By Tim Baffoe-

(CBS) The call for the head coach’s head after giving up more than 100 points combined in the last two games sandwiched around a bye week isn’t unreasonable. A 3-6 record and massive underachievement in all phases of “growing the football” makes the demand for a man’s job fairly justified. If Bears coach Marc Trestman were canned tomorrow, I wouldn’t make much of a fuss.

But then what do you have? What changes?

Jay Cutler is still here regardless. He’s about the 12th-best quarterback in the NFL by advanced statistics. That’s about what has been expected of him if you cut out those who will complain about the guy even if he cures Ebola. Those are the people who move the goalposts after saying “he sucks,” and you point out that so far this year Cutler has his best career quarterback rating, second-best touchdown percentage and third-best interception percentage while averaging his second-most passing yards, but “he’s not a leader.”

Do those stats justify the money he’s paid? Probably not, but then Trestman doesn’t hand out the contracts, and it’s foolish to chide an athlete for being “overpaid” — it’s not Cutler’s fault he was offered that money. Even though the Bears could hypothetically rid themselves of Cutler, that’s like saying Nancy Grace could become not a fear-mongering banshee with a Southern drawl and mustard gas coming from her oddly large nostrils in the next two years.

Cutler deserves criticism, as does Trestman for supposedly being able to “fix” his quarterback, as does general manager Phil Emery for choosing Trestman to do so. At the end of the day, and apologies for the Lovie-ism, Jay is their quarterback (seriously, if you think by any chance that Jimmy Clausen is any solution, go play in traffic). Jettisoning a coach doesn’t change that, nor does it change the fact that Cutler can’t be expected to successfully chase an opponent scoring 30-plus points, which has happened in four of the Bears’ last six games. All the talk last season was of the historically bad defense, and not much has changed.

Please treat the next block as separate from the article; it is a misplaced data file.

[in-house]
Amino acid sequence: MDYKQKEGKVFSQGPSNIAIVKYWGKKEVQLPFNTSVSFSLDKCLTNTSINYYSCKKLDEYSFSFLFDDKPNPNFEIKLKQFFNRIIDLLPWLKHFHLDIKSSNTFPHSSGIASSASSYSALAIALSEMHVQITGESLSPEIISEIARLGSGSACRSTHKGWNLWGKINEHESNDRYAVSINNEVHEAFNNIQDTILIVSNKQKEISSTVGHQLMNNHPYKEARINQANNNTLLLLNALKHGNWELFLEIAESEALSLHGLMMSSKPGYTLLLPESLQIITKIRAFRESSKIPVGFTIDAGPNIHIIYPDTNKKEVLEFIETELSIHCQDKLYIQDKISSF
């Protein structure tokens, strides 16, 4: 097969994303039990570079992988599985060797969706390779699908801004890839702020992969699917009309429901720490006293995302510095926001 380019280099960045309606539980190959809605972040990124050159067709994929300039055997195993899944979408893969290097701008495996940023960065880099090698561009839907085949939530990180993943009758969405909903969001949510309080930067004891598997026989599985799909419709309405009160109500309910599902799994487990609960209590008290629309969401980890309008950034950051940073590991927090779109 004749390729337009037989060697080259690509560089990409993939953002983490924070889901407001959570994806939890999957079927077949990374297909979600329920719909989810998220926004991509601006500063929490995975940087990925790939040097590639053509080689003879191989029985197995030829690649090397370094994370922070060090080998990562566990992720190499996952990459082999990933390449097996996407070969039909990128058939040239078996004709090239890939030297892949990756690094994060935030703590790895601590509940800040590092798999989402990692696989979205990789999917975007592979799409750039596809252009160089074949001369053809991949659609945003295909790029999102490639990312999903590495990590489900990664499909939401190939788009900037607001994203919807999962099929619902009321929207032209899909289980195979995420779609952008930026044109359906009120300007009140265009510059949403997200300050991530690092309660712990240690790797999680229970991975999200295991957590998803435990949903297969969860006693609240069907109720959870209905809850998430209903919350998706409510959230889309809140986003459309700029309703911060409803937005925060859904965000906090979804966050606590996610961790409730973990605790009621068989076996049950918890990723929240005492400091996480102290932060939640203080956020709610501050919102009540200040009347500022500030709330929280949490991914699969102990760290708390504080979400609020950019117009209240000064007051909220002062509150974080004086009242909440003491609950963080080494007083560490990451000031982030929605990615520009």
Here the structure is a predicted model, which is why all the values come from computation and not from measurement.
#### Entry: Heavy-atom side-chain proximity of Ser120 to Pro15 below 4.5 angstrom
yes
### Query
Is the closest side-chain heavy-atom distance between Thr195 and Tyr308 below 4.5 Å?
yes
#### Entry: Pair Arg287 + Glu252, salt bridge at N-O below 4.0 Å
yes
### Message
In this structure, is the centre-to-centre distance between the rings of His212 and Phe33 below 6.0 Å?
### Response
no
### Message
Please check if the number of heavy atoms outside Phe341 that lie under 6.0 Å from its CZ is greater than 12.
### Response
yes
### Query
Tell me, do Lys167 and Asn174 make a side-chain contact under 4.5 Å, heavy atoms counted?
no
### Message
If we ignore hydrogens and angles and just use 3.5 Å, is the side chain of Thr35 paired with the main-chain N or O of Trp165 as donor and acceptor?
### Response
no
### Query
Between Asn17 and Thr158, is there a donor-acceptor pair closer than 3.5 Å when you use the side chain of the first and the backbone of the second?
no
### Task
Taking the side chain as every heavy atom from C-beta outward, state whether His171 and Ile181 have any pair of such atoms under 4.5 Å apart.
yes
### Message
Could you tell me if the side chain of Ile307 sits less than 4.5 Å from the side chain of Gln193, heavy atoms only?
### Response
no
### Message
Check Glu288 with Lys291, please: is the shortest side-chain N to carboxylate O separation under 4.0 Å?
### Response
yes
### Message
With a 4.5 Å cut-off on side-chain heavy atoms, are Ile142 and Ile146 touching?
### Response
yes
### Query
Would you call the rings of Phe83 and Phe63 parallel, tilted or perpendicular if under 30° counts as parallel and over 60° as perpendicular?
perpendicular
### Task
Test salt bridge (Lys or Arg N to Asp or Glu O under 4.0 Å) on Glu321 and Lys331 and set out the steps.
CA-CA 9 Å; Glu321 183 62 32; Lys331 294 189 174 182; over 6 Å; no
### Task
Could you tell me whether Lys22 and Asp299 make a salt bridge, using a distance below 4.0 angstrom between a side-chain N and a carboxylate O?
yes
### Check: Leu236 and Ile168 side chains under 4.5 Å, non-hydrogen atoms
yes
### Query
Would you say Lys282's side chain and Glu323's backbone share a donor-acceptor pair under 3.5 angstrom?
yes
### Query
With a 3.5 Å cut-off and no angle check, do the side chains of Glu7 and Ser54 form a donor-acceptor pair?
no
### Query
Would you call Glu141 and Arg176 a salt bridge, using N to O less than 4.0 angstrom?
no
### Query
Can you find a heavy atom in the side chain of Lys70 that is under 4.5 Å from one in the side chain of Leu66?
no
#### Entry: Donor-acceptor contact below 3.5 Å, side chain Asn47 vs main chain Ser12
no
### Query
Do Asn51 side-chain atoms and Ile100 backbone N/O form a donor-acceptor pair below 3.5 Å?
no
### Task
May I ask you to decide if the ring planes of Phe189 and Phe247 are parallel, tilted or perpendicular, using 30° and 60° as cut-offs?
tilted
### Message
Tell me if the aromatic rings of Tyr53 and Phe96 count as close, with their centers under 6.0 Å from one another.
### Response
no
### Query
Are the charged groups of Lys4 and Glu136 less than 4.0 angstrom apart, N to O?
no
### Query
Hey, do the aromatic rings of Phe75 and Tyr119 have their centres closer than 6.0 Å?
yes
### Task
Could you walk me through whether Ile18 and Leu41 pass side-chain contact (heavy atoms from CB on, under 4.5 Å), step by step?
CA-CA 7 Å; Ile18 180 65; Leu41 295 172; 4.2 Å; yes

The Bears are dead last in the league in points given up. They’re 26th in yards allowed. The defensive backs as a collective unit stink. The linebackers stink. Injuries abound, but a lack of roster depth is painfully obvious. Defensive coordinator Mel Tucker has done nothing to show he is capable of his job, yet at the same time, he’s not to blame for shoddy personnel. Name a guy who fixes this defense tomorrow.

You should be more disappointed in Trestman for his choice of a special teams coordinator. Every week there’s a moment in the third phase that embodies the complete mess the unit has become under Joe DeCamillis. In Sunday’s game against Green Bay, it was the fumble by punter Pat O’Donnell that essentially was a blocked kick. The Bears special teams as a whole is ranked 30th in the league, according to the most recent Football Outsiders adjustments. They are a bad, dumb, undisciplined group, and only the hemorrhaging defense keeps them from earning more hellfire from fans and media. And if Trestman is let go, how does that fix the return game? (I don’t care about a kickoff return touchdown in garbage time to shave the deficit down to 42 points.)

How does the future get better quickly? If you want to rely on Emery’s drafting ability, everybody in the 2012 Bears draft class save for Alshon Jeffery would like to sell you a timeshare. Cutler’s eventual replacement as franchise quarterback isn’t being drafted because the Bears can’t afford to waste a pick on a guy who’ll ride the pine for the next two years while gaping holes elsewhere on the roster exist. If Trestman is fired, what will be the newest version of Darrell Bevell or Bruce Arians that Emery will pass on?

Has Trestman lost the locker room? Maybe. Wide receiver Brandon Marshall, who has not been near 100 percent healthy at any time this season, and linebacker Jonathan Bostic insist that the players really respect their coach. Chalk that up to diplomacy if you will, but the only player noticeably indifferent to Trestman has been the slow-when-healthy Lance Briggs, and he’s not a Bear next year anyway. The reputation of a coach in a locker room makes for good narrative, but rah-rah pathos and Spartan mentality wins college games. The NFL is grown man’s league where they’re paid to perform, and there are more than 40 players on the Bears who aren’t performing — save for Matt Forte, Kyle Fuller and maybe a handful of linemen on both sides of the ball. That can’t be put on Trestman.

If you want him fired tomorrow or after the season, I won’t fight you on that. But it begs the question of what can another head coach do for this roster that Marc Trestman can’t?

Tim Baffoe is a columnist for CBSChicago.com. Follow him on Twitter @TimBaffoe.